This special remote stores file contents in ipfs.

Warning: ipfs is written in Go, a language controlled by Google, which collects user's data with its compiler. If installing ipfs from source you should consider investigating how to disable Go's data collection. Or install precompiled ipfs from a software distributor you trust.


  • Install git-annex-remote-ipfs somewhere in PATH and chmod +x the script.
  • Install go-ipfs somewhere in PATH.
  • Run ipfs init and start the ipfs daemon

(Note that this special remote does not use ipfs's FUSE support; it communicates with ipfs using the ipfs command-line utility.)


These parameters can be passed to git annex initremote to configure the remote:

  • encryption - One of "none", "hybrid", "shared", or "pubkey". See encryption. Note that this is git-annex's encryption, not ipfs's encryption.

  • keyid - Specifies the gpg key to use for encryption.

Setup example:

# git annex initremote ipfs type=external externaltype=ipfs encryption=none

content distribution

After git annex copy --to ipfs, a file will typically only have been copied to your computer's local ipfs object store. It will not reach other ipfs nodes on the network until they request the content.

If you set up a clone of your repository on another computer, and install ipfs and enable the ipfs remote there, you can proceed with using it to get files that have been stored in ipfs:

# git annex sync
# git annex enableremote ipfs
# git annex copy --from ipfs

content removal

Removing content from ipfs requires all nodes that have a copy to decide to delete it. This is not something git-annex can arrange to happen, or reliably tell has happened, so git annex drop --from ipfs will always fail.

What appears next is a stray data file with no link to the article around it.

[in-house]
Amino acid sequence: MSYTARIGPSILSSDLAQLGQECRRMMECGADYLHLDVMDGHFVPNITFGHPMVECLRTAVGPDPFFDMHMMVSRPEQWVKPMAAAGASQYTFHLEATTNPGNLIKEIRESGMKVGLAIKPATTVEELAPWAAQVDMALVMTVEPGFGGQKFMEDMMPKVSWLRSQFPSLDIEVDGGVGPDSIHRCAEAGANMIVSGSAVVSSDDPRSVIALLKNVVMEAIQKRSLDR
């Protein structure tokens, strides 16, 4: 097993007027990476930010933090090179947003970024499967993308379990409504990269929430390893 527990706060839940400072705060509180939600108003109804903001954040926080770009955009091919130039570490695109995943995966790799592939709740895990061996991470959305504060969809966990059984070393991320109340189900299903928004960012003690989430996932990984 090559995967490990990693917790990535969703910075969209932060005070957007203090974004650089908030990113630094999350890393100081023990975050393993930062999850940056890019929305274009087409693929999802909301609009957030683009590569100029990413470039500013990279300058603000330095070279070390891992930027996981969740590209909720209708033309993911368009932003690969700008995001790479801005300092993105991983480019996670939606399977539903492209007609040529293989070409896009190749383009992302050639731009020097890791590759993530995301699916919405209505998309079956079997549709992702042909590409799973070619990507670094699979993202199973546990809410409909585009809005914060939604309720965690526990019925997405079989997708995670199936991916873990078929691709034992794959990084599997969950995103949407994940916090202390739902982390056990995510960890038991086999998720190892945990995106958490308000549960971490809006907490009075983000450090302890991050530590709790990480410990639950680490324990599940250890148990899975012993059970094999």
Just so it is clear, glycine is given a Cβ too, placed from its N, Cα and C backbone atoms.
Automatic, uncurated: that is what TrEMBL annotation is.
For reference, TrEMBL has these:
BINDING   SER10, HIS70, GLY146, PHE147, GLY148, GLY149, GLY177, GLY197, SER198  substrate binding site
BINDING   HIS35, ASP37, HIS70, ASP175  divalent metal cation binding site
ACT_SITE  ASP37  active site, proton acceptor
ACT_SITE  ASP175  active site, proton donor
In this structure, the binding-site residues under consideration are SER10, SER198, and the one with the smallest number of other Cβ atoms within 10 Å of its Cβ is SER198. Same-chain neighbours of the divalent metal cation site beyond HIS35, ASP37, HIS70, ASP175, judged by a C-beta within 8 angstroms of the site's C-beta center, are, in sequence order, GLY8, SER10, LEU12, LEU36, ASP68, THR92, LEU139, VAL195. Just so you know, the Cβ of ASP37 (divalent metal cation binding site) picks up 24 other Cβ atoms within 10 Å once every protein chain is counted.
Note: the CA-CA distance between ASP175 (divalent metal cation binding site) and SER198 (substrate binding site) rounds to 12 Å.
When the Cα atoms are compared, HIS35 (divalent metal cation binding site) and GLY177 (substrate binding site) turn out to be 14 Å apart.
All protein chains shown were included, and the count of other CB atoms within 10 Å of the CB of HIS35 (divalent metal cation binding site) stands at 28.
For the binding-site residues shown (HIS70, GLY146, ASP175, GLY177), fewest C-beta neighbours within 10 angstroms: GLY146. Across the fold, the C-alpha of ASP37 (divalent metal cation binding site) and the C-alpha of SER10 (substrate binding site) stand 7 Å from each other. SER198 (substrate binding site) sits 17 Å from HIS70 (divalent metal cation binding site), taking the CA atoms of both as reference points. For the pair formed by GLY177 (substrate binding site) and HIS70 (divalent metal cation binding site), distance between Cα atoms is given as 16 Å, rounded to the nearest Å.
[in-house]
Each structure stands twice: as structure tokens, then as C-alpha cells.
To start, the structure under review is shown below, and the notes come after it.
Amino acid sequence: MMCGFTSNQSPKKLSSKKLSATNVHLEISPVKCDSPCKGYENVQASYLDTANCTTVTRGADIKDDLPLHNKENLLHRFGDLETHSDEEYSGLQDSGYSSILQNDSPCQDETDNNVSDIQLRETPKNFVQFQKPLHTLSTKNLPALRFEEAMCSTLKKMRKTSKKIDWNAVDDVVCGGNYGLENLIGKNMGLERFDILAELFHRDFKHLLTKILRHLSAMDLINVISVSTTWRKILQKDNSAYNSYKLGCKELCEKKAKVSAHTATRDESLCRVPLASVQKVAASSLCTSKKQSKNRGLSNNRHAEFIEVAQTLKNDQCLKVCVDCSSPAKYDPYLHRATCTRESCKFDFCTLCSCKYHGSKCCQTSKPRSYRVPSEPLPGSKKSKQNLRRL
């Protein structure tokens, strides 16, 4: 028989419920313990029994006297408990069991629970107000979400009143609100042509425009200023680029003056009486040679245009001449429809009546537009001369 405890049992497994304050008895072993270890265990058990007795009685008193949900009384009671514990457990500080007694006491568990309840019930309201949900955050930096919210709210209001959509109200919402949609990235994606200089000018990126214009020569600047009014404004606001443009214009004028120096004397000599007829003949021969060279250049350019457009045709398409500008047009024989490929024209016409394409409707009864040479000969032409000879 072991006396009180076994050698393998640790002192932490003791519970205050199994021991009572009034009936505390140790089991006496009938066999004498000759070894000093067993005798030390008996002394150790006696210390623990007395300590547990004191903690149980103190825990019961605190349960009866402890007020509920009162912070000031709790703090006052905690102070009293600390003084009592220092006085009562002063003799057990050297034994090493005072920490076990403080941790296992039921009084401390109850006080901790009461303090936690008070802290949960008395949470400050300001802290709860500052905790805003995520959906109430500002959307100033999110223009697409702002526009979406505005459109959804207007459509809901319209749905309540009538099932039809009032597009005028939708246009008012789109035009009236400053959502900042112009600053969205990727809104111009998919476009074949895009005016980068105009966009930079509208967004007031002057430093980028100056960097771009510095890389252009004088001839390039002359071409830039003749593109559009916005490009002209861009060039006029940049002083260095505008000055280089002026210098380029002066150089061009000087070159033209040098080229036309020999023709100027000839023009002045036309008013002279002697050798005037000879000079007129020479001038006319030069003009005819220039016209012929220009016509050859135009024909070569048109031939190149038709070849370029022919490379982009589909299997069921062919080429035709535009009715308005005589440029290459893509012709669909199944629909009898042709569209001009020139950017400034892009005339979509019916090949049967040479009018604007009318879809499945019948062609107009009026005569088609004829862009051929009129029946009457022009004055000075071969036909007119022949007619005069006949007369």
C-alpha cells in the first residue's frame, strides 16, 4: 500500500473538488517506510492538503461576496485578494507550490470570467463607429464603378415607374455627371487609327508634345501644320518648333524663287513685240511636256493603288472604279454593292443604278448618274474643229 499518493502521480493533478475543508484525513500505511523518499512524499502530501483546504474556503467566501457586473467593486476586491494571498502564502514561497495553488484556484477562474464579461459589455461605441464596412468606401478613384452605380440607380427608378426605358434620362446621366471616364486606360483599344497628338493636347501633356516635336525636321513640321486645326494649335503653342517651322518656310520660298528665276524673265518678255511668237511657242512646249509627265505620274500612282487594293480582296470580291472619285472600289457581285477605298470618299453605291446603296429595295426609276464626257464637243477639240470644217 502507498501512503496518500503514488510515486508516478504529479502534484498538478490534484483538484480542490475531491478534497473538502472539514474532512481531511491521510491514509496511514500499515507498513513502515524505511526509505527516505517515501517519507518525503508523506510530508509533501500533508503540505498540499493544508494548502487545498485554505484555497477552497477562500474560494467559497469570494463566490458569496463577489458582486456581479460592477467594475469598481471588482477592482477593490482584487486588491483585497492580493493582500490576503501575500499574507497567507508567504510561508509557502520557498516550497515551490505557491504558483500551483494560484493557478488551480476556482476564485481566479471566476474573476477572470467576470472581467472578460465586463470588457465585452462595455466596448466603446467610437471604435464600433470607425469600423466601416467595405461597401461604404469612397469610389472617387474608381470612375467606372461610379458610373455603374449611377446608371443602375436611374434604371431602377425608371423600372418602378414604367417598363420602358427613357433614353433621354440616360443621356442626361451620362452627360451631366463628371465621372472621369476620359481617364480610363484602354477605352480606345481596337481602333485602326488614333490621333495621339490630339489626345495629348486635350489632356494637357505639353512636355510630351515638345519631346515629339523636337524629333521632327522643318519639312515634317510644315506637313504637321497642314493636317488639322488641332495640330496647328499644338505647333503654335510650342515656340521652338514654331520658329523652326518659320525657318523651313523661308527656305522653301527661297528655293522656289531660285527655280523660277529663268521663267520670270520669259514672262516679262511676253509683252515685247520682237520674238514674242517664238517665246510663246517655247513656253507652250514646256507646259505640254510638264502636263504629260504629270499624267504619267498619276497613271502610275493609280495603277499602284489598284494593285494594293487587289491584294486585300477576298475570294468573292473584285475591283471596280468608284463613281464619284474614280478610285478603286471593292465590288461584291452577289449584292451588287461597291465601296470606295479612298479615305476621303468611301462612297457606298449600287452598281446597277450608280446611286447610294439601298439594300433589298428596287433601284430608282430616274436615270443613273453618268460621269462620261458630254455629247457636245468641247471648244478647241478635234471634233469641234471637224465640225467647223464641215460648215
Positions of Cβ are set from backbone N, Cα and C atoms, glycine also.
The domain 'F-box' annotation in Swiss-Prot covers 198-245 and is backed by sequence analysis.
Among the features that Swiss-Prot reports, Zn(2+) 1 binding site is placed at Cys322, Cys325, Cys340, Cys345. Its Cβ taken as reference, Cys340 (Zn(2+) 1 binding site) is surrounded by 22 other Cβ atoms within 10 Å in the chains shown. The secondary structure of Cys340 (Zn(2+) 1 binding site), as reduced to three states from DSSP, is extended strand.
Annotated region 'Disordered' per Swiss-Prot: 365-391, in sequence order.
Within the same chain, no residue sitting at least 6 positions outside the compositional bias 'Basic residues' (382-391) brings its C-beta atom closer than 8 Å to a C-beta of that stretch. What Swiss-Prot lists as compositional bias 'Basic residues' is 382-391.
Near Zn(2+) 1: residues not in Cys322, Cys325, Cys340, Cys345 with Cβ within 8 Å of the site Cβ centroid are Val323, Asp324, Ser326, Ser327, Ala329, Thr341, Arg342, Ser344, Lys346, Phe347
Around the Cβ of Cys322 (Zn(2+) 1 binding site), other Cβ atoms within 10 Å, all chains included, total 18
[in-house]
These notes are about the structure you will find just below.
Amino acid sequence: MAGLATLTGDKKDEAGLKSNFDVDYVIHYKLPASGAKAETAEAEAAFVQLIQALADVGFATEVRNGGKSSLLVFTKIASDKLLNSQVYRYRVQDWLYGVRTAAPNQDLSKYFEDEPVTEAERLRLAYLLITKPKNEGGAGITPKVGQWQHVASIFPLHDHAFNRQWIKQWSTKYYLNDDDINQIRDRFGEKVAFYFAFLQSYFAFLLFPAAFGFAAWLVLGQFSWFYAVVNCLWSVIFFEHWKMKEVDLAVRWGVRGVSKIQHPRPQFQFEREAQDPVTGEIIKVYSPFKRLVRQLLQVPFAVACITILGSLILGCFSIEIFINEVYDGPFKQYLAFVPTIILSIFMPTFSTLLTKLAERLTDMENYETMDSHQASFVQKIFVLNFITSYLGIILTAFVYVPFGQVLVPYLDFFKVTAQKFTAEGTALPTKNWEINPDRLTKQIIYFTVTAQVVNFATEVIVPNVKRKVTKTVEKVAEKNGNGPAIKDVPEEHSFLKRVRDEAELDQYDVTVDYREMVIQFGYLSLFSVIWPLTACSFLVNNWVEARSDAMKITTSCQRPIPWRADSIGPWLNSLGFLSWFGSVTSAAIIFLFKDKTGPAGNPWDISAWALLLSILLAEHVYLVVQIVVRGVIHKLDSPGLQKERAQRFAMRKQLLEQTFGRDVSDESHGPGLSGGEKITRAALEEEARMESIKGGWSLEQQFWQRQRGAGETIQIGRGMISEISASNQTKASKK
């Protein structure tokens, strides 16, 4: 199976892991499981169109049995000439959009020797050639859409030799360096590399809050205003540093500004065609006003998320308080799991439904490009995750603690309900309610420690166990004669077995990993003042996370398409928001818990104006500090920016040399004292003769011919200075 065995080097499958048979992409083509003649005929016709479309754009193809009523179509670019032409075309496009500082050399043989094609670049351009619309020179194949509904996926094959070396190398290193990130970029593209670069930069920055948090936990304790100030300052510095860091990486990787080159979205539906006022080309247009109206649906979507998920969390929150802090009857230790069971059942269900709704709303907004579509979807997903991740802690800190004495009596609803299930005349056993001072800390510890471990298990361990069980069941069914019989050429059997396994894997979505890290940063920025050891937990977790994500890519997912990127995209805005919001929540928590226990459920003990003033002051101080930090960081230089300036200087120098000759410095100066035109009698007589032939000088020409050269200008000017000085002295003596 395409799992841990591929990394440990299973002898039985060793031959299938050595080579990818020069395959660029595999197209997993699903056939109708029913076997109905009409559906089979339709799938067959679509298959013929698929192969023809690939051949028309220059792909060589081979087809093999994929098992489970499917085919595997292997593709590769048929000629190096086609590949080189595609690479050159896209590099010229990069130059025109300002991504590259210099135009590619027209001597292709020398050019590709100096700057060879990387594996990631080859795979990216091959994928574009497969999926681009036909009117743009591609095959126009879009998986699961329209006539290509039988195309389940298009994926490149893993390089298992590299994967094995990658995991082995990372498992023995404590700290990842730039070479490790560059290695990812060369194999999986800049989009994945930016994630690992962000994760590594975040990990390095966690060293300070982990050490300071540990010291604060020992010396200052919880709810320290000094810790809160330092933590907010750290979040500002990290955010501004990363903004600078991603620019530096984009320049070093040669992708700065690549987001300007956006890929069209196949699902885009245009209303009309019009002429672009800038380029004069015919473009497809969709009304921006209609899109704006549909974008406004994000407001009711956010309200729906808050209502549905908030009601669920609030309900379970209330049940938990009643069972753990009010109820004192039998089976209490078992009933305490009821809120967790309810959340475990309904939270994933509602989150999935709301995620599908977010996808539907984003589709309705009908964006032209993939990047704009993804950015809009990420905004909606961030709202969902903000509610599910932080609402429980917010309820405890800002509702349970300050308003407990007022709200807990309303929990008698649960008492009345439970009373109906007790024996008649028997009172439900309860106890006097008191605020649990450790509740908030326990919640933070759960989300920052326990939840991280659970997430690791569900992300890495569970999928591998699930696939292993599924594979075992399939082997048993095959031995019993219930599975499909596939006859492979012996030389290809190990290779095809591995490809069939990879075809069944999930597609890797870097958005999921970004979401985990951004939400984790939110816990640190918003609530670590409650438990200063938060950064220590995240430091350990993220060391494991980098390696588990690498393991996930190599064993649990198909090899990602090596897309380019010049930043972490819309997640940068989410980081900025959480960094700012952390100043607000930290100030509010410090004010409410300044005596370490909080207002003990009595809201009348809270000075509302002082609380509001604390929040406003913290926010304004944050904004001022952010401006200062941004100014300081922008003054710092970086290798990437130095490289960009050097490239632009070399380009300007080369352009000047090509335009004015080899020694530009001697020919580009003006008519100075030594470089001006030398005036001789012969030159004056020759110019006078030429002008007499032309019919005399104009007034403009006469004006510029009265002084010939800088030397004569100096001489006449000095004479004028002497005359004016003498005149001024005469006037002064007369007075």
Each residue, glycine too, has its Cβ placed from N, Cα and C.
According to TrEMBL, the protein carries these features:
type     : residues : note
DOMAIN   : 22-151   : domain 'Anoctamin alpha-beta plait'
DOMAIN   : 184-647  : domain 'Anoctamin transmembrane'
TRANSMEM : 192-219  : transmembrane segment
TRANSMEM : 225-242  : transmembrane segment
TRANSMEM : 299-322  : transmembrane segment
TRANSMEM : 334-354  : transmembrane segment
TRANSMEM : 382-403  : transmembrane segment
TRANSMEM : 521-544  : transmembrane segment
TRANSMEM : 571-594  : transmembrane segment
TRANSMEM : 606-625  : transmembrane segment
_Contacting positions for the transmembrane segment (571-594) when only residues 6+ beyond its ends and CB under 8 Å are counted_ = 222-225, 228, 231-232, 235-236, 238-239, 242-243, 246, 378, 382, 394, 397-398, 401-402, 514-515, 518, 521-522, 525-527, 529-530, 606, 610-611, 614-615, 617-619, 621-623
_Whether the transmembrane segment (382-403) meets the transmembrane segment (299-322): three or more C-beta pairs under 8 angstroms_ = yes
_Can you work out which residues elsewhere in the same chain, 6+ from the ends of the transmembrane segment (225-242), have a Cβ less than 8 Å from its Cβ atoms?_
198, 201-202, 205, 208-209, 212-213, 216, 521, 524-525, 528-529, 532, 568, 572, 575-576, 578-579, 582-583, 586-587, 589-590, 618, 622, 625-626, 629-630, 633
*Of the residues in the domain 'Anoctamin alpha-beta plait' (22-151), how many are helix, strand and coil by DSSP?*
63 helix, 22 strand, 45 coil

using ipfs addresses

Once a file has been copied to ipfs, you can use git annex whereis to look up the ipfs address of the file:

# git annex whereis somefile
whereis somefile
    ed1c811d-fe42-4436-aa75-56566c990aa8 -- ipfs

ipfs: ipfs:QmYgXEfjsLbPvVKrrD4Hf6QvXYRPRjH5XFGajDqtxBnD4W

In the example above, the ipfs address for the file is QmYgXEfjsLbPvVKrrD4Hf6QvXYRPRjH5XFGajDqtxBnD4W. You can give this address to any other ipfs user and they can use it to download the file!

You can also use ipfs addresses with git annex addurl. For example:

# git annex addurl ipfs:QmYgXEfjsLbPvVKrrD4Hf6QvXYRPRjH5XFGajDqtxBnD4W --file somefile

That's a real file; try it!

future directions

While perhaps useful, this is just a proof of concept. It's particularly lacking in that it doesn't integrate well git-annex's location tracking with ipfs.

Tracking which ipfs nodes have a copy of an annexed object would make this special remote work better. In particular, git-annex does not currently trust ipfs to contain a copy of an object, since it has no way of keeping track of which which ipfs nodes might contain it. So, eg, git annex drop will refuse to trust ipfs.